THE GOOD CIGAR

A CELEBRATION OF THE ART OF CIGAR SMOKING

Here's a guidebook for the new generation of affluent stogie enthusiasts. A vile habit to many, a delight to a happy few, cigars are increasingly alight. Misogynist or, lately, simply antisocial, smokers placidly ignore the fulmination of the cigar police for the inexplicable pleasure of wreathing themselves and any innocent bystanders in a stinky haze. Writer Jeffers (Gentleman Gerald, 1995, etc.) and artist Gordon offer acolyte puffers a cigar manual a notch or two above the usual. Along with a history of the habit and a description of the cultivation and manufacture of the thing, the authors provide a guide to all the arcana and etiquette, personages and purveyors, terminology, doggerel, and epigrams of cigar smoking. (One apt epigram they omit: ``Tobacco is the opiate of the gentleman, the religion of the rich,'' said Cabrera Infante in his matchless Holy Smoke). Particular homage is paid to the great promoter Zino Davidoff—which seems altogether appropriate; parts of the text are reminiscent of Davidoff's The Connoisseur's Book of the Cigar. It's all easy and good-natured. There are no complaints about the insane inflation of cigar prices spurred by the new Baby Boomer demand. No stand is taken against the barbaric habit of leaving the band on a cigar as it is smoked. (But even Davidoff, alas, equivocated on this important point.) The authors may be forgiven for stretching a simile here and there. ``The first time you smoke a cigar,'' they say, ``it is like the first time you have sex.'' They neglect to point out that one of those firsts is more likely to induce nausea than the other. For cigar zealots, old and new, here's another accoutrement to place beside the humidor and the clipper. (illustrations and cigar ratings, not seen)

Pub Date: Oct. 10, 1996

ISBN: 1-55821-516-6

Page Count: 224

Publisher: Lyons Press

Review Posted Online: May 20, 2010

Kirkus Reviews Issue: Aug. 1, 1996

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NUTCRACKER

This is not the Nutcracker sweet, as passed on by Tchaikovsky and Marius Petipa. No, this is the original Hoffmann tale of 1816, in which the froth of Christmas revelry occasionally parts to let the dark underside of childhood fantasies and fears peek through. The boundaries between dream and reality fade, just as Godfather Drosselmeier, the Nutcracker's creator, is seen as alternately sinister and jolly. And Italian artist Roberto Innocenti gives an errily realistic air to Marie's dreams, in richly detailed illustrations touched by a mysterious light. A beautiful version of this classic tale, which will captivate adults and children alike. (Nutcracker; $35.00; Oct. 28, 1996; 136 pp.; 0-15-100227-4)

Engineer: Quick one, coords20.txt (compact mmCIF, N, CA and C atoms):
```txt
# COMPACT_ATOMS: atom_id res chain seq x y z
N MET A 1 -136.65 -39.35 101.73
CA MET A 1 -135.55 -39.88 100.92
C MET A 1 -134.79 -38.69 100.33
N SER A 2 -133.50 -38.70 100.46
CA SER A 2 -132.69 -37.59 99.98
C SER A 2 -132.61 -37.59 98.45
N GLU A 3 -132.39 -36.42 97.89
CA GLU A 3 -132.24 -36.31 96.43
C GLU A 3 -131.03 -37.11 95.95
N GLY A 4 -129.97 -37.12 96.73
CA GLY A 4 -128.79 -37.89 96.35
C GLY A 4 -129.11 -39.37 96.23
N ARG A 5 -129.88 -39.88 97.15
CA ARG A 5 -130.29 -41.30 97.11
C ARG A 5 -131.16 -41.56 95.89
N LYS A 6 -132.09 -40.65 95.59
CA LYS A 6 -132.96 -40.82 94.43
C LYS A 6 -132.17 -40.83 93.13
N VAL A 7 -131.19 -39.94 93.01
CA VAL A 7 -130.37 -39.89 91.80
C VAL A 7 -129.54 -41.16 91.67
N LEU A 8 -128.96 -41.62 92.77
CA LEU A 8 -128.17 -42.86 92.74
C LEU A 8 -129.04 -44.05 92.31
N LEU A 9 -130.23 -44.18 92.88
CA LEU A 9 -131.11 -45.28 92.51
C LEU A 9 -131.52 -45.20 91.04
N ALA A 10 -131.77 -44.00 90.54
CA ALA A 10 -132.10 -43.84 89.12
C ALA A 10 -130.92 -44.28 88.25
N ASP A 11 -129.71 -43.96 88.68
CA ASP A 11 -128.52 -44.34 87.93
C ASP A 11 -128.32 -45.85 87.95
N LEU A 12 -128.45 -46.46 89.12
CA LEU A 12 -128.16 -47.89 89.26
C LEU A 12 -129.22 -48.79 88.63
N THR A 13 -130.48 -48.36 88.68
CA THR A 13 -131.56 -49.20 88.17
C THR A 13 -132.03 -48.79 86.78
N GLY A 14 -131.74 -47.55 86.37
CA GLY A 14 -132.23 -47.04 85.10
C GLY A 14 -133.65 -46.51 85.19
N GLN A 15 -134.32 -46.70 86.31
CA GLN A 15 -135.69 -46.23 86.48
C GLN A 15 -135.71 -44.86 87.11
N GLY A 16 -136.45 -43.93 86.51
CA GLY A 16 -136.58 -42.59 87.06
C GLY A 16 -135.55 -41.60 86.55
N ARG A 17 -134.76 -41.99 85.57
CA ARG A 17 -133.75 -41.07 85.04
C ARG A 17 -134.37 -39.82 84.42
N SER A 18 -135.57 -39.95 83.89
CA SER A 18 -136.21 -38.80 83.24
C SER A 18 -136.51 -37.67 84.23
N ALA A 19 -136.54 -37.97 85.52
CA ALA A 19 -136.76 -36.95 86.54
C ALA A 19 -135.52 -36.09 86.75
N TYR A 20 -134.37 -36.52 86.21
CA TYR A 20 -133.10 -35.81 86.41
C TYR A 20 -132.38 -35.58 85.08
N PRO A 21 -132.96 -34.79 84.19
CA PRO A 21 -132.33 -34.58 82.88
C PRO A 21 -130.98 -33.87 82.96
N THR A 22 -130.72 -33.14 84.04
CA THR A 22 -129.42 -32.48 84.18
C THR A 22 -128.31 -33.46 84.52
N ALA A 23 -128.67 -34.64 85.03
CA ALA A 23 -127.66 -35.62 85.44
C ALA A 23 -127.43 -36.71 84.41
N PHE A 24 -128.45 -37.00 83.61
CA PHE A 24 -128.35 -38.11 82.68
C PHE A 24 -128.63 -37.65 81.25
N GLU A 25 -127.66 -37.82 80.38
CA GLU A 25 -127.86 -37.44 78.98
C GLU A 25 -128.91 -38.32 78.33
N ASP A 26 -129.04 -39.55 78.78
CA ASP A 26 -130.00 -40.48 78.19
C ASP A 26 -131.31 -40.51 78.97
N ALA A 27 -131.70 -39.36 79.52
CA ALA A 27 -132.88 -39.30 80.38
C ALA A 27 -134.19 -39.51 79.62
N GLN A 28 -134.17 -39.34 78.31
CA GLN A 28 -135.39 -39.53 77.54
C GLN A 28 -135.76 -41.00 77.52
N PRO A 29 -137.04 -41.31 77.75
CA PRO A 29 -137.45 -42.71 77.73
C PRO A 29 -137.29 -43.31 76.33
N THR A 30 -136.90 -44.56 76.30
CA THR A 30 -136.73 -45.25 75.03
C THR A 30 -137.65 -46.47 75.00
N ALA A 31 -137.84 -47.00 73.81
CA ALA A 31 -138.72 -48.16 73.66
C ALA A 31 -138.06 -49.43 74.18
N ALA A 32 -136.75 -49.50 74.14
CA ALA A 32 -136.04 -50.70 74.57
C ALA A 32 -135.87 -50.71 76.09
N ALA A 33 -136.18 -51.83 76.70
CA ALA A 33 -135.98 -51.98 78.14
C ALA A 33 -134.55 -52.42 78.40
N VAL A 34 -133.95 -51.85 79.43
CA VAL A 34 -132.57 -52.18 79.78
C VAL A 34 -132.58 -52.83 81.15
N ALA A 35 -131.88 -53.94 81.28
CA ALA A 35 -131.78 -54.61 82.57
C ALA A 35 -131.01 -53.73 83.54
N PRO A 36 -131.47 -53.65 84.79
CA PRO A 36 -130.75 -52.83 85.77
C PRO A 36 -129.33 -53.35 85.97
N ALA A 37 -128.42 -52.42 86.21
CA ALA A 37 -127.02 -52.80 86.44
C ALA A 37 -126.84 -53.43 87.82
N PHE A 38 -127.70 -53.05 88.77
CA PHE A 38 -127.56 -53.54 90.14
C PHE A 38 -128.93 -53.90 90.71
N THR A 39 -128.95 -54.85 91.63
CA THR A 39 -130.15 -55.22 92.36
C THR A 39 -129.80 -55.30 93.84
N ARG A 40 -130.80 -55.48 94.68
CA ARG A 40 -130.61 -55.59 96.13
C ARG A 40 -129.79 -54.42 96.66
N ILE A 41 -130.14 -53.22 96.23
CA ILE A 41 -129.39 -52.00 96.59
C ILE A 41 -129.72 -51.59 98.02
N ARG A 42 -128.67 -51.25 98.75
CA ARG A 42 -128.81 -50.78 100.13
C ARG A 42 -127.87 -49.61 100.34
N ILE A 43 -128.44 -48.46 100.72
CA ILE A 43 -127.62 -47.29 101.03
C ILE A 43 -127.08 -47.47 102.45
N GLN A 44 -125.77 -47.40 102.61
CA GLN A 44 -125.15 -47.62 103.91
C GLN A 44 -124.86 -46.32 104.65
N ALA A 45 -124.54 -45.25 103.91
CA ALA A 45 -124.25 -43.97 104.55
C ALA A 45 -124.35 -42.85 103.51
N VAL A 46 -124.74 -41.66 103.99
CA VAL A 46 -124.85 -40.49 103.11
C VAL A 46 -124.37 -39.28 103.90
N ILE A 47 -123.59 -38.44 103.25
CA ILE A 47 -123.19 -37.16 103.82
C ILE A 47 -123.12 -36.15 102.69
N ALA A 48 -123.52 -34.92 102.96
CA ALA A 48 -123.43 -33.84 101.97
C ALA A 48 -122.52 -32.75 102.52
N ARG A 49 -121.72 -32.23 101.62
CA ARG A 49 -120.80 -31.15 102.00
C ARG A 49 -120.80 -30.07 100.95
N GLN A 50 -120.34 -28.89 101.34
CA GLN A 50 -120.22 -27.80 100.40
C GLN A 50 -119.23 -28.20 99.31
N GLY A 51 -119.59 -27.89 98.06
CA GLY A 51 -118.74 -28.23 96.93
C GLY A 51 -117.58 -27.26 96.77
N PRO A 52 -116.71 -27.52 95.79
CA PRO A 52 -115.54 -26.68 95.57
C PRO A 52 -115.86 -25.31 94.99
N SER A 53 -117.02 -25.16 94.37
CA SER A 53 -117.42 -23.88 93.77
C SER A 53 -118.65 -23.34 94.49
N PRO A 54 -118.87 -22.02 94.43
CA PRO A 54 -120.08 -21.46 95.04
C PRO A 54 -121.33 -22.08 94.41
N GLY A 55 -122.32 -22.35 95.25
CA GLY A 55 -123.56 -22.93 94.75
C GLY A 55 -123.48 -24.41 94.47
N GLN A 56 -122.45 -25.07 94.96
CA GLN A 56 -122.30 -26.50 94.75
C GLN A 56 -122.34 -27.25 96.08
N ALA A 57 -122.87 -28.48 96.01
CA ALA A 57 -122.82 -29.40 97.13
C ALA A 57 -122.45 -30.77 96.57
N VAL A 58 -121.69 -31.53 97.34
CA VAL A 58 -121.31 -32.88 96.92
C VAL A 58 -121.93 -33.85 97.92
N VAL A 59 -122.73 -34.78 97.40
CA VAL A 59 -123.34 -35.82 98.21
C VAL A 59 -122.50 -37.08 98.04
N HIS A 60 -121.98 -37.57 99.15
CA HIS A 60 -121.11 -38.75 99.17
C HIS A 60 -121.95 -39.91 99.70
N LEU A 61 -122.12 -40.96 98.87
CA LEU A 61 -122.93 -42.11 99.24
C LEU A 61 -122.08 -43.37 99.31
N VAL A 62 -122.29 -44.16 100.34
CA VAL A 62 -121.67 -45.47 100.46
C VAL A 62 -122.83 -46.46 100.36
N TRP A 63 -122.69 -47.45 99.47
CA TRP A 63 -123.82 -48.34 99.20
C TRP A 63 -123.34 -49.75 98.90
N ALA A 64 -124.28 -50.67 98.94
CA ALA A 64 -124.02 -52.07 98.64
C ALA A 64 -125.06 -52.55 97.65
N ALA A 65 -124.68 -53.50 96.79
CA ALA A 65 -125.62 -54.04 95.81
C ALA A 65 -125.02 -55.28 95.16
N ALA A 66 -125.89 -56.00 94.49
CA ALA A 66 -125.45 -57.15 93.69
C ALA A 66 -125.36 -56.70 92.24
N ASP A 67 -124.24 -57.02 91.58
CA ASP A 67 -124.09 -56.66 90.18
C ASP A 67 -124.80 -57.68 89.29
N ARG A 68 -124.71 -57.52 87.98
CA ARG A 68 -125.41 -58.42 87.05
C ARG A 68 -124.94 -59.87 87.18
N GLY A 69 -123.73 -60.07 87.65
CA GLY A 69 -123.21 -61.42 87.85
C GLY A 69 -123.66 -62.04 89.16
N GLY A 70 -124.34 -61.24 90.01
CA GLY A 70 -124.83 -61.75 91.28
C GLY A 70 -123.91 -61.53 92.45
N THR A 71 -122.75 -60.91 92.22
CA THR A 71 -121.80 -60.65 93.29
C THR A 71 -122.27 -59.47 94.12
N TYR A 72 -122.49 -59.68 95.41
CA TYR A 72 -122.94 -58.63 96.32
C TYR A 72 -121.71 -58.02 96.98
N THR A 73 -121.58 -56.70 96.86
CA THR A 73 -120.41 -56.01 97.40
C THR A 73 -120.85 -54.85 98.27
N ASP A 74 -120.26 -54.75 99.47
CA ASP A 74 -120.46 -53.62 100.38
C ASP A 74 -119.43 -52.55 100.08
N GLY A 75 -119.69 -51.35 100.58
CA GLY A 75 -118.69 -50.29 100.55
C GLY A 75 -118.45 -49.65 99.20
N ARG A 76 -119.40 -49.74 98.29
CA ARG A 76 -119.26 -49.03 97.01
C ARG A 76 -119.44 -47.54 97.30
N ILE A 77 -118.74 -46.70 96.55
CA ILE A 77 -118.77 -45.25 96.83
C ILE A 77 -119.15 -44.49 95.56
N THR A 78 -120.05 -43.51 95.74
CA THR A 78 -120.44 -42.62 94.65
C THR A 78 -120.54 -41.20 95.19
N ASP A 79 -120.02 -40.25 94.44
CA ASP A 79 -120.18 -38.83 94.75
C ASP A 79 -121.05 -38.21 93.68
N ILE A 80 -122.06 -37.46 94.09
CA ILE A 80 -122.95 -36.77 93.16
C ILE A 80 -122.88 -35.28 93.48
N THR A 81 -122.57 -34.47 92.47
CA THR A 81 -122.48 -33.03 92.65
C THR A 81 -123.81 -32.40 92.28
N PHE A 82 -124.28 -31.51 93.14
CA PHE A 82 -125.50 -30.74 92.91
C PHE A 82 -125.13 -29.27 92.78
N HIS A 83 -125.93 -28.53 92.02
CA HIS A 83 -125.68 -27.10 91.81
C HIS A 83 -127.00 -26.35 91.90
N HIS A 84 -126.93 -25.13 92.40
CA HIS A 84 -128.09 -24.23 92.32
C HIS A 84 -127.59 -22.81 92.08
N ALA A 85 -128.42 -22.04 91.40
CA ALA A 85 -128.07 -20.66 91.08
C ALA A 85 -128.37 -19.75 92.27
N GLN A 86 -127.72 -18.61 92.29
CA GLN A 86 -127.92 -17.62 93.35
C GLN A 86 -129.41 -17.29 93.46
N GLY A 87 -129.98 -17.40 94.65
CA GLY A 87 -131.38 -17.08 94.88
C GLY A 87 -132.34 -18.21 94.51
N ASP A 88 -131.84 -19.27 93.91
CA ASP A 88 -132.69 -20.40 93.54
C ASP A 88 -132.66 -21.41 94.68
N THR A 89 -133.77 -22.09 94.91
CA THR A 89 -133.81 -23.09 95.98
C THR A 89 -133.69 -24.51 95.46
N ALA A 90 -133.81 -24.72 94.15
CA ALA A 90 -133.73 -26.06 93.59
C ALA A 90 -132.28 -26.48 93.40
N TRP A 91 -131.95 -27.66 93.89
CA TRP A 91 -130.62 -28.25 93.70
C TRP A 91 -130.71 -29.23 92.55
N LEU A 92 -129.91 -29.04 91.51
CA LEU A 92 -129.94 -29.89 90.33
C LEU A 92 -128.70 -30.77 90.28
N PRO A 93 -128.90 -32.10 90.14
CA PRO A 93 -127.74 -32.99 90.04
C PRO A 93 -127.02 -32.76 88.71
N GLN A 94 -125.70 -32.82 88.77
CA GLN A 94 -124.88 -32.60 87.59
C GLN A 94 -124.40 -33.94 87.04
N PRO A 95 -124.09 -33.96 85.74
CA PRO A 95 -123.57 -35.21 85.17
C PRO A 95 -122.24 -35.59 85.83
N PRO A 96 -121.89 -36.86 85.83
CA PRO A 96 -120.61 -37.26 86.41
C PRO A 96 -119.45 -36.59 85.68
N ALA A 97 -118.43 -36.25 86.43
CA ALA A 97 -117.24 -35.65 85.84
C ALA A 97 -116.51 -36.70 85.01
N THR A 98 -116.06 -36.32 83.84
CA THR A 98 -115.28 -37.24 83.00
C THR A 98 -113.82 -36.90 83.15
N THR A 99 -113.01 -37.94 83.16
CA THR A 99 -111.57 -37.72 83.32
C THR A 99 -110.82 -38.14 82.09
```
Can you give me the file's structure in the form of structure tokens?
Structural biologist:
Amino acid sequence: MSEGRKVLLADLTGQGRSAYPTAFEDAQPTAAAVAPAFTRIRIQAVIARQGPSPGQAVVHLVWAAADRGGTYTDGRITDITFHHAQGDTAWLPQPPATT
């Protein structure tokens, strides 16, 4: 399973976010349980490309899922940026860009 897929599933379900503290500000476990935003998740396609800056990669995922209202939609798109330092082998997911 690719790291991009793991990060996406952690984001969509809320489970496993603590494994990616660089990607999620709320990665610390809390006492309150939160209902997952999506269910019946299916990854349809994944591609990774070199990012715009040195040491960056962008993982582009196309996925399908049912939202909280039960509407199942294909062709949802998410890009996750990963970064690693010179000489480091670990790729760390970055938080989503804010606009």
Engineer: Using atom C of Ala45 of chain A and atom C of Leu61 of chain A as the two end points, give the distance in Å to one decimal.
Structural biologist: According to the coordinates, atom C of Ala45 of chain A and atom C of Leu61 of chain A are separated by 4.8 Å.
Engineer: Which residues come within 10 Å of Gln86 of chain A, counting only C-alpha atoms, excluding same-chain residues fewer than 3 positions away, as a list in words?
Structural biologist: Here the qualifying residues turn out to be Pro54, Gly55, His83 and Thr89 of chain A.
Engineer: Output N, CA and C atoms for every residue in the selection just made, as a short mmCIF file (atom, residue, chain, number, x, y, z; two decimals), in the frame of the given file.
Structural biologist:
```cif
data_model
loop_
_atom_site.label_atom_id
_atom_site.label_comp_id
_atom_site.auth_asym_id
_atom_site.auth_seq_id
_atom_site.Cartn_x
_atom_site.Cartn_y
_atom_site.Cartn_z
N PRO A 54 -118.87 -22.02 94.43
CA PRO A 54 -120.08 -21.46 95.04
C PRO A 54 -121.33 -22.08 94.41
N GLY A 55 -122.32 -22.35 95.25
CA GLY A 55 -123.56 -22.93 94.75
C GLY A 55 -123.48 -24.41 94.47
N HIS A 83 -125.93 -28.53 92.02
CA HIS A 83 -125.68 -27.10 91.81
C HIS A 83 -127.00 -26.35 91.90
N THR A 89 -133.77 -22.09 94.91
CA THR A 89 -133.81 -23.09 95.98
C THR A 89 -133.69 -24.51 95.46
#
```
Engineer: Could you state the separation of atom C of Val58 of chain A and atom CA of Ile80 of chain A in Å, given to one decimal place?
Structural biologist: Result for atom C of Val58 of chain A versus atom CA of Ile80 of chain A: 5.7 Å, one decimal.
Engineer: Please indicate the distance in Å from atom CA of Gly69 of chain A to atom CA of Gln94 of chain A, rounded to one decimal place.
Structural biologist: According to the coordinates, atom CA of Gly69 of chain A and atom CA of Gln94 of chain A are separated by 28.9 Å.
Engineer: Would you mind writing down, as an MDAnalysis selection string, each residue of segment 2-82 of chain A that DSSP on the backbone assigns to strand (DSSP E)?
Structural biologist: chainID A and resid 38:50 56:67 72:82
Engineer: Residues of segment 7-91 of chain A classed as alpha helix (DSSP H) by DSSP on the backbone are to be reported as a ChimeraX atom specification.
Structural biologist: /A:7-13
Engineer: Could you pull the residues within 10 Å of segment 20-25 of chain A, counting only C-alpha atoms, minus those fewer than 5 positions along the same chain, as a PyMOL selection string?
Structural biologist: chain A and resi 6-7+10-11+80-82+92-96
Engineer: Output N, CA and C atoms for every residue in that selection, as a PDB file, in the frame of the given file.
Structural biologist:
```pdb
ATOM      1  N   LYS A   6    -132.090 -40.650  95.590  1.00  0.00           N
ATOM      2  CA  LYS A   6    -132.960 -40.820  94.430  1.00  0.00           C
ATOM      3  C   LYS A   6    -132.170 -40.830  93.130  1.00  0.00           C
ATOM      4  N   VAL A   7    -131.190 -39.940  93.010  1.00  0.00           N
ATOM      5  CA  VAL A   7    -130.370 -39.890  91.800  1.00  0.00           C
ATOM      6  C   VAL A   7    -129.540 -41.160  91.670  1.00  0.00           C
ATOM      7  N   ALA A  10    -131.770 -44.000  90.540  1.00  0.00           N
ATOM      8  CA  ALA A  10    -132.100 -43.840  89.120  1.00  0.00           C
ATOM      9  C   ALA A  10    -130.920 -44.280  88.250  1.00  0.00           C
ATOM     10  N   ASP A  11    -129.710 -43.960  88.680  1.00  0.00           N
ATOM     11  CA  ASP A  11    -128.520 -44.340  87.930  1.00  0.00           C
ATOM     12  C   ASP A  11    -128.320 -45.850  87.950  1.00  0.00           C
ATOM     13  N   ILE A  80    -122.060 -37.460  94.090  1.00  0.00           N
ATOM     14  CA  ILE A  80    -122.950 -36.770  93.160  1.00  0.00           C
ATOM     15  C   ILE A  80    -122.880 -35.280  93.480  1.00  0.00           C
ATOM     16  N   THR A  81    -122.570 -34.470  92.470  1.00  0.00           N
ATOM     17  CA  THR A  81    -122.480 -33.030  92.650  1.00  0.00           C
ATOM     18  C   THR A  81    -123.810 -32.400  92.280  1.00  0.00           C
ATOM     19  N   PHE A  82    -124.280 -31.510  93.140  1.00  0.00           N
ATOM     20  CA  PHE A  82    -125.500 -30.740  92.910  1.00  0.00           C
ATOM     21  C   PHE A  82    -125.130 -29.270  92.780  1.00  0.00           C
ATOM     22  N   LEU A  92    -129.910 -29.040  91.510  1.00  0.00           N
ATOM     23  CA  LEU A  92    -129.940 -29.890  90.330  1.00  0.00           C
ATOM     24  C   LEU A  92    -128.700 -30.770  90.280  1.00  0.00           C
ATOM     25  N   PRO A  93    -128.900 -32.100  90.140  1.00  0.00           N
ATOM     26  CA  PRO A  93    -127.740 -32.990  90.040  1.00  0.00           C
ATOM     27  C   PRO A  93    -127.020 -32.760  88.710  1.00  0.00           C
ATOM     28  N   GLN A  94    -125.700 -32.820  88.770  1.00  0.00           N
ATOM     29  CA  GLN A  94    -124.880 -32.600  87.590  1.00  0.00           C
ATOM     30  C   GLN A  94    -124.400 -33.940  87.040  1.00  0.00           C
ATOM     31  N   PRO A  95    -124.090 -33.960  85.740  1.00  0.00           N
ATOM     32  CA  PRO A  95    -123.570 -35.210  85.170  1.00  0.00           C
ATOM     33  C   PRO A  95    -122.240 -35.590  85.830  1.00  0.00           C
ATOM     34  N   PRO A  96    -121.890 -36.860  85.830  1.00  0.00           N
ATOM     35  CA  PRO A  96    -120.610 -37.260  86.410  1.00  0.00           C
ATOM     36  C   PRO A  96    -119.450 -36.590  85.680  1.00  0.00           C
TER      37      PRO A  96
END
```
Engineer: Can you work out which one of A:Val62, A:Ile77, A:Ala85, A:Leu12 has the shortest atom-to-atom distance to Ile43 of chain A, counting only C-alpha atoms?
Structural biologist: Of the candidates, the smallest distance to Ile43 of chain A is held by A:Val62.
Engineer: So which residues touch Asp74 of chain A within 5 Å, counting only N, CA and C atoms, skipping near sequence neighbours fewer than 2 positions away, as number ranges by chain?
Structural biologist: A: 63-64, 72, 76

Pub Date: Oct. 28, 1996

ISBN: 0-15-100227-4

Page Count: 136

Publisher: Harcourt

Review Posted Online: May 20, 2010

Kirkus Reviews Issue: Aug. 15, 1996

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IN MY PLACE

From the national correspondent for PBS's MacNeil-Lehrer Newshour: a moving memoir of her youth in the Deep South and her role in desegregating the Univ. of Georgia. The eldest daughter of an army chaplain, Hunter-Gault was born in what she calls the ``first of many places that I would call `my place' ''—the small village of Due West, tucked away in a remote little corner of South Carolina. While her father served in Korea, Hunter-Gault and her mother moved first to Covington, Georgia, and then to Atlanta. In ``L.A.'' (lovely Atlanta), surrounded by her loving family and a close-knit black community, the author enjoyed a happy childhood participating in activities at church and at school, where her intellectual and leadership abilities soon were noticed by both faculty and peers. In high school, Hunter-Gault found herself studying the ``comic-strip character Brenda Starr as I might have studied a journalism textbook, had there been one.'' Determined to be a journalist, she applied to several colleges—all outside of Georgia, for ``to discourage the possibility that a black student would even think of applying to one of those white schools, the state provided money for black students'' to study out of state. Accepted at Michigan's Wayne State, the author was encouraged by local civil-rights leaders to apply, along with another classmate, to the Univ. of Georgia as well. Her application became a test of changing racial attitudes, as well as of the growing strength of the civil-rights movement in the South, and Gault became a national figure as she braved an onslaught of hostilities and harassment to become the first black woman to attend the university. A remarkably generous, fair-minded account of overcoming some of the biggest, and most intractable, obstacles ever deployed by southern racists. (Photographs—not seen.)

Pub Date: Nov. 1, 1992

ISBN: 0-374-17563-2

Page Count: 192

Publisher: Farrar, Straus and Giroux

Review Posted Online: May 20, 2010

Kirkus Reviews Issue: Sept. 1, 1992

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